15. 15. Using Sentry import logging from sentry.client.handlers import SentryHandler logger = logging.getLogger() logger.addHandler(SentryHandler()) # usage logging.error(There was some crazy error, exc_info=sys.exc_info(), extra={ # Optionally pass a request and well grab any information we can request: request, # Otherwise you can pass additional arguments to specify request info view:, url: request.build_absolute_url(), data: { # You may specify any values here and Sentry will log and output them username: request.user.username } })Try generating and sending unique IDs, send them out with your 500 so you can search forthem later (from user support requests, etc).
  16. 16. Background Tasks • Slow external APIs • Analytics and data processing • Denormalization • Sending email • Updating avatars • Running large imports/exports/deletesEveryone can use this, it helps with scale but is useful for even the smallest apps.
  17. 17. Celery + RabbitMQ • • Super simple wrapper over AMQP (and more) @task def check_spam(post): if slow_api.check_spam(post): post.update(spam=True) # usage post = Post.objects.all()[0] check_spam.delay(post)Tried inventing our own queues and failed, don’t do it.Currently have over 40 queues.We have a Task subclass to help with testing (enable only tasks you want to run).Also good for throttling.
  18. 18. Celery + Eventlet = <3 • Especially for slow HTTP APIs • Run hundreds/thousands of requests simultaneously • Save yourself gigs of RAM, maybe a machine or twoCan be a bit painful... shoving functionality into Python that nobody expected.We have hacks to use the Django ORM, ask if you need help.Beware “threading” issues pop up with greenthreads, too.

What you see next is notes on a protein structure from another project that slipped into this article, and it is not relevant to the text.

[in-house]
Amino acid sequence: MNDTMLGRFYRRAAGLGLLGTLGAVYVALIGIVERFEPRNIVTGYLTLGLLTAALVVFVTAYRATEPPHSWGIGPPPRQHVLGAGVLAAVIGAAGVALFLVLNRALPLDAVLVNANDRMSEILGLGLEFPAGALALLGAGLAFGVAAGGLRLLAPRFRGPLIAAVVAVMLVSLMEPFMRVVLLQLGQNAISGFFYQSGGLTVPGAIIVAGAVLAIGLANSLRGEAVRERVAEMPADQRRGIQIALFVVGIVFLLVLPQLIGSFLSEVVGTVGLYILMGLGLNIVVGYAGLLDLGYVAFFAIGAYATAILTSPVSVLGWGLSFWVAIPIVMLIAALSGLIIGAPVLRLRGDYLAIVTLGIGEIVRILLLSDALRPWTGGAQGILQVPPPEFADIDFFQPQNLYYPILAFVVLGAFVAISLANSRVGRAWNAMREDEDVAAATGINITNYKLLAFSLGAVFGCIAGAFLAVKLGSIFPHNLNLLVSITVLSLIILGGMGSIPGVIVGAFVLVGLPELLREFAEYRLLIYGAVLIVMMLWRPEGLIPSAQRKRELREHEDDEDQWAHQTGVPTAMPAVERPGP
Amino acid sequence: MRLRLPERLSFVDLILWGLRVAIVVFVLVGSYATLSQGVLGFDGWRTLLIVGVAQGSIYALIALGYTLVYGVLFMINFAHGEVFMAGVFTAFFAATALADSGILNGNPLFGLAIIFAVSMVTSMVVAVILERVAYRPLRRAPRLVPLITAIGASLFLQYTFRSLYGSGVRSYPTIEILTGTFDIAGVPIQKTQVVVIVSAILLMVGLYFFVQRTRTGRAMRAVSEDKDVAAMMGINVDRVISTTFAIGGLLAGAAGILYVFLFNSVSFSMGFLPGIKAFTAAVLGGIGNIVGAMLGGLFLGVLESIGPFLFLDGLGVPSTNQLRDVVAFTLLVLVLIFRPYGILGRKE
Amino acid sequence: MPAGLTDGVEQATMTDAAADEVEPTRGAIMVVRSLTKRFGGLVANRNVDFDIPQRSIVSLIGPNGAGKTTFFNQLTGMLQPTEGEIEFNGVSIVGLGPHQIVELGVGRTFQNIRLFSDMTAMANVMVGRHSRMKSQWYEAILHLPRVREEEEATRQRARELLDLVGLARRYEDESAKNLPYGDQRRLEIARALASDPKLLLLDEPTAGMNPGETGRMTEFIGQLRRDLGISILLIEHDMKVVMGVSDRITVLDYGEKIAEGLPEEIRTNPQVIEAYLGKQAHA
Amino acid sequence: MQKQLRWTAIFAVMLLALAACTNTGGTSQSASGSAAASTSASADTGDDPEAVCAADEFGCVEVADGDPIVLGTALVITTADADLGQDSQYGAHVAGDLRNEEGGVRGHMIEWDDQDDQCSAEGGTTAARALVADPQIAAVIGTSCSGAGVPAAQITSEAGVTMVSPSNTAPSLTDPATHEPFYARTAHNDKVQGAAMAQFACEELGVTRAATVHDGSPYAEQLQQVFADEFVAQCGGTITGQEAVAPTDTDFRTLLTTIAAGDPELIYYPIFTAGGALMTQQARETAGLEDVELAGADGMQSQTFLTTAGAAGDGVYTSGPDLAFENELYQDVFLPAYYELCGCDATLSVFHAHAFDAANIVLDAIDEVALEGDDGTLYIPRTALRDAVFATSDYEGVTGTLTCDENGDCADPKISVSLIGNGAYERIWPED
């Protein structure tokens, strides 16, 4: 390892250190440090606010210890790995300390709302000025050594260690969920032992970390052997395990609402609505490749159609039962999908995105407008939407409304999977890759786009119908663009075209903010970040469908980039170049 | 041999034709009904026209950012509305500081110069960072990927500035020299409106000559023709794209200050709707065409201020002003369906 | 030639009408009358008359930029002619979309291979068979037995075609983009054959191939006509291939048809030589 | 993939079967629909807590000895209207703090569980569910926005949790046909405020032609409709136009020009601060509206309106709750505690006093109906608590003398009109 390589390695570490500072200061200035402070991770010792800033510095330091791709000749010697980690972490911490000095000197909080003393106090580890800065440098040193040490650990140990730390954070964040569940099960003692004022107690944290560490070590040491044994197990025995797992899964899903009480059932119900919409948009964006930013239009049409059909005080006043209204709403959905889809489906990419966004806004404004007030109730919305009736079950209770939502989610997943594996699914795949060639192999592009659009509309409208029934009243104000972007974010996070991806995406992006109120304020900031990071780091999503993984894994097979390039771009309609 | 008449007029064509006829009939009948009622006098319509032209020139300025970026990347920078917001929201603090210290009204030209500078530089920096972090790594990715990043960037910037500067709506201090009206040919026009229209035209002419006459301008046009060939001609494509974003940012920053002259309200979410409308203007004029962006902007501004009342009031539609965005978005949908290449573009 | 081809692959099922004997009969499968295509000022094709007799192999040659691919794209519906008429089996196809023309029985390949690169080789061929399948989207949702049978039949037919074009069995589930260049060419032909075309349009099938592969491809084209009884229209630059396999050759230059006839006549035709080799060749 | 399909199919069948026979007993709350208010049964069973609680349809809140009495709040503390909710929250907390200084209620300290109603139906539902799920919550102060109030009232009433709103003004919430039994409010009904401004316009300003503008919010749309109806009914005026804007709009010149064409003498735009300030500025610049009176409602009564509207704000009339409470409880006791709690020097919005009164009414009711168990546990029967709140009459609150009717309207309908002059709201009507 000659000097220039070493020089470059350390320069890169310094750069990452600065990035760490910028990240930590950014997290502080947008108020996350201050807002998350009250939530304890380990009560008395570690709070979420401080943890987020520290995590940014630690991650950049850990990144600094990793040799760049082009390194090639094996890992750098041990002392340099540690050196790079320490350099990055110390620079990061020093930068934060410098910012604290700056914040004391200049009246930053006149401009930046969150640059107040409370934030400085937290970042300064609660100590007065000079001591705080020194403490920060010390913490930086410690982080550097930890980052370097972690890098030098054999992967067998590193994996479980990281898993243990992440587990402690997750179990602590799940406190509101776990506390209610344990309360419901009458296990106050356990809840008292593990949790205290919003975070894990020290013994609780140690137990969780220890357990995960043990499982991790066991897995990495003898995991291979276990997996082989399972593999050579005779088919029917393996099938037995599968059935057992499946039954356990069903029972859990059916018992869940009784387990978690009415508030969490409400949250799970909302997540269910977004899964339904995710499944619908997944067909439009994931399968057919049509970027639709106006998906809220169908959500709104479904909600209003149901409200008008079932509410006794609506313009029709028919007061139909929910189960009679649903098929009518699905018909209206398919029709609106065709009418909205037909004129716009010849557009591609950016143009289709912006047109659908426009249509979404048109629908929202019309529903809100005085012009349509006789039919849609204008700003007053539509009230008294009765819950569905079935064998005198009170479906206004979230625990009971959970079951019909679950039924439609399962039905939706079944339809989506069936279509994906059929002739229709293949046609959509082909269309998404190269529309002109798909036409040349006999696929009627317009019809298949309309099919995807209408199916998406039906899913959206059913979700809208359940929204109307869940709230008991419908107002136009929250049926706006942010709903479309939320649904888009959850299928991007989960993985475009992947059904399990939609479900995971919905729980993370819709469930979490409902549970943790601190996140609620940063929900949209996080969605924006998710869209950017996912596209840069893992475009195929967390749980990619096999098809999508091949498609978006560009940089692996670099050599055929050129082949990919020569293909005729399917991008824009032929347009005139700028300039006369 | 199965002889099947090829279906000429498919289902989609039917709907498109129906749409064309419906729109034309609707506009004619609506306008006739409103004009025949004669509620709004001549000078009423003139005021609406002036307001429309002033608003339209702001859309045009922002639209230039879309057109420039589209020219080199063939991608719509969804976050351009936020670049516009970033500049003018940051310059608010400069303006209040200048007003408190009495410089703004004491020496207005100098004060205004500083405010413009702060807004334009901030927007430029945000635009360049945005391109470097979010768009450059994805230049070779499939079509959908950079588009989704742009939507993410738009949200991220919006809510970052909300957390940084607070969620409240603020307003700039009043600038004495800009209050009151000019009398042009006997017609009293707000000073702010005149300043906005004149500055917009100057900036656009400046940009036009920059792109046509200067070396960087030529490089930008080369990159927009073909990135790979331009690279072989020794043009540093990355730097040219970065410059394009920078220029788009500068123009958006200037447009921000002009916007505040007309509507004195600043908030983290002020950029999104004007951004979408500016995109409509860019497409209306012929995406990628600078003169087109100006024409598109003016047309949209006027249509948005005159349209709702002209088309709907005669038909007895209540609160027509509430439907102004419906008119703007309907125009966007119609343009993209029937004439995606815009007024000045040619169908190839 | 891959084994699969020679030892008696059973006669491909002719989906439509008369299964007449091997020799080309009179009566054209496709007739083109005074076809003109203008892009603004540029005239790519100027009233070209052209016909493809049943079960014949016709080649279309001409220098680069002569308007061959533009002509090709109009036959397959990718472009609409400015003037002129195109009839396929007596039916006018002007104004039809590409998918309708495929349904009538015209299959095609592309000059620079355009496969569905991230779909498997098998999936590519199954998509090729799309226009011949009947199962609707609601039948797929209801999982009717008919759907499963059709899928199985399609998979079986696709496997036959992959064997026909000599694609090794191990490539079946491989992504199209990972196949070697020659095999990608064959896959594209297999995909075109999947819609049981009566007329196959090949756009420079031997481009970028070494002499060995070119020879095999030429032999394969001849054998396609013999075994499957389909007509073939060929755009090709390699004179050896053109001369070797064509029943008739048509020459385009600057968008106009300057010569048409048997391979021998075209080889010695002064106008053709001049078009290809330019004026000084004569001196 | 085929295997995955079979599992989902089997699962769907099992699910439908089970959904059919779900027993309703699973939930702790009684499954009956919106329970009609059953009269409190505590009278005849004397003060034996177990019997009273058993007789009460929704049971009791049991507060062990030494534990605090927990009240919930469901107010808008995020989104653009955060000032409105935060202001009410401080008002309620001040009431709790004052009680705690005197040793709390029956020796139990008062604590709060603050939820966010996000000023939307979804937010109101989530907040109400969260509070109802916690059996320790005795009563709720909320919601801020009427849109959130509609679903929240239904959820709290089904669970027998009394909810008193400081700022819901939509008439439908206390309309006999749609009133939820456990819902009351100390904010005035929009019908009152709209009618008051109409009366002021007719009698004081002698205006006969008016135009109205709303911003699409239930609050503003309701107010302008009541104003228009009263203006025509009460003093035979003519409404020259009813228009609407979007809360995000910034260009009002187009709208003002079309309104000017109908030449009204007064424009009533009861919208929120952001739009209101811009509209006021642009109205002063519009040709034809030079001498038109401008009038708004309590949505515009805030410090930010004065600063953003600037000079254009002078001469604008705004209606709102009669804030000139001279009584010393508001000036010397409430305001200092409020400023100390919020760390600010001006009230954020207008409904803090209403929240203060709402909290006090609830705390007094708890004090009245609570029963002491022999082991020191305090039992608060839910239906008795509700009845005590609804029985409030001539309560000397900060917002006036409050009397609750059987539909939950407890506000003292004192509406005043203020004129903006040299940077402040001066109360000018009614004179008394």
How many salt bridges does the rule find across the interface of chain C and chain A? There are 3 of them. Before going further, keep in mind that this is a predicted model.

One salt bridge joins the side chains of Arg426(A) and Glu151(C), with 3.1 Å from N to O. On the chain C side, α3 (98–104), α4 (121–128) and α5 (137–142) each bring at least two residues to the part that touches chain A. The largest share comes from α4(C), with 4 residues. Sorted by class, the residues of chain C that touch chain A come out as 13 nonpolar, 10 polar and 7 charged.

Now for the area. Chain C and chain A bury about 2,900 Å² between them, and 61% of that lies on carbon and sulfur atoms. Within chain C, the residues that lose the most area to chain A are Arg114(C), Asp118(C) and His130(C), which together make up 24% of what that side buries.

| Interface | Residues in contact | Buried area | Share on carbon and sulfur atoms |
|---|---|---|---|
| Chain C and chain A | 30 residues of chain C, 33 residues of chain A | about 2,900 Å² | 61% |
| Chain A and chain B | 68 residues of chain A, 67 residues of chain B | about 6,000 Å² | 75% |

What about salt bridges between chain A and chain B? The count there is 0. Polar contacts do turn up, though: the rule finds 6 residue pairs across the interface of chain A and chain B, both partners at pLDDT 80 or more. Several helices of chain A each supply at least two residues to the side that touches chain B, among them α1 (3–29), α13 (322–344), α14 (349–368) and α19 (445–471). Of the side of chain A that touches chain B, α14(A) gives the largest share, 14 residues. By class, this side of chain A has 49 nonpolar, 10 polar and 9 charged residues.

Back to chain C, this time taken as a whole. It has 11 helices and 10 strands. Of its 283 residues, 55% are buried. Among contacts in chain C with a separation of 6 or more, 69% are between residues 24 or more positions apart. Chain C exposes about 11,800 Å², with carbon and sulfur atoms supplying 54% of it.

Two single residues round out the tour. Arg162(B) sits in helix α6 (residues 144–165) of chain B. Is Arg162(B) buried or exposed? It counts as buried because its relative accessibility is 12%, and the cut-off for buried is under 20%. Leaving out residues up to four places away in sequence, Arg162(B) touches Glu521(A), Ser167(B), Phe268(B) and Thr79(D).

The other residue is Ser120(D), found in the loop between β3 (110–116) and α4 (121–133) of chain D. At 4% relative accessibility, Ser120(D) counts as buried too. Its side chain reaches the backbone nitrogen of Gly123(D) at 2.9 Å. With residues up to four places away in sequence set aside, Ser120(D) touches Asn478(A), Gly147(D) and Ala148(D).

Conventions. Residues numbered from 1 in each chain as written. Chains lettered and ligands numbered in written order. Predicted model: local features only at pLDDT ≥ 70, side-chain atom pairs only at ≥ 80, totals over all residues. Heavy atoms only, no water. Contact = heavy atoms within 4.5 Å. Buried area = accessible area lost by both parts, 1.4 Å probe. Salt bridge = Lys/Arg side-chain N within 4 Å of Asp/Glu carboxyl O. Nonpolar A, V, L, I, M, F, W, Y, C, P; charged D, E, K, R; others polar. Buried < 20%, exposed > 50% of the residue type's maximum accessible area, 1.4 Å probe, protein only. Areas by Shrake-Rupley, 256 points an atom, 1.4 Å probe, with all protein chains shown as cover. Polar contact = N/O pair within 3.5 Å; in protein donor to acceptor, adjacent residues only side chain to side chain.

19. 19. Delayed Signals • Typical Django signals sent to a queue # in post_save.connect(delayed.post_save_sender, sender=Post, weak=False) # elsewhere def check_spam(sender, data, created, **kwargs): post = Post.objects.get(pk=data[id]) if slow_api.check_spam(post): post.update(spam=True) delayed.post_save_receivers[spam].connect(check_spam, sender=Post) # usage post = Post.objects.create(message="v1agr4!")Not really for ‘scale’, more dev ease of use.We don’t serialize the object (hence the query).Not open sourced currently, easy to recreate.Questionable use ... it’s pretty easy to just task.delay() inside a normal post_save handler.
  20. 20. Dynamic Settings • Change settings ... • ... without re-deploying • ... in realtime • ... as a non-developerThings that don’t deserve their own table.Hard to think of an example right now (but we built something more useful ontop of’ll see).
  21. 21. modeldict class Setting(models.Model): key = models.CharField(max_length=32) value = models.CharField(max_length=200) settings = ModelDict(Setting, key=key, value=value, instances=False) # access missing value settings[foo] >>> KeyError # set the value settings[foo] = hello # fetch the current value using either method Setting.objects.get(key=foo).value >>> hello settings[foo] >>> hello by the DB.Cached, invalidated on change, fetched once per request.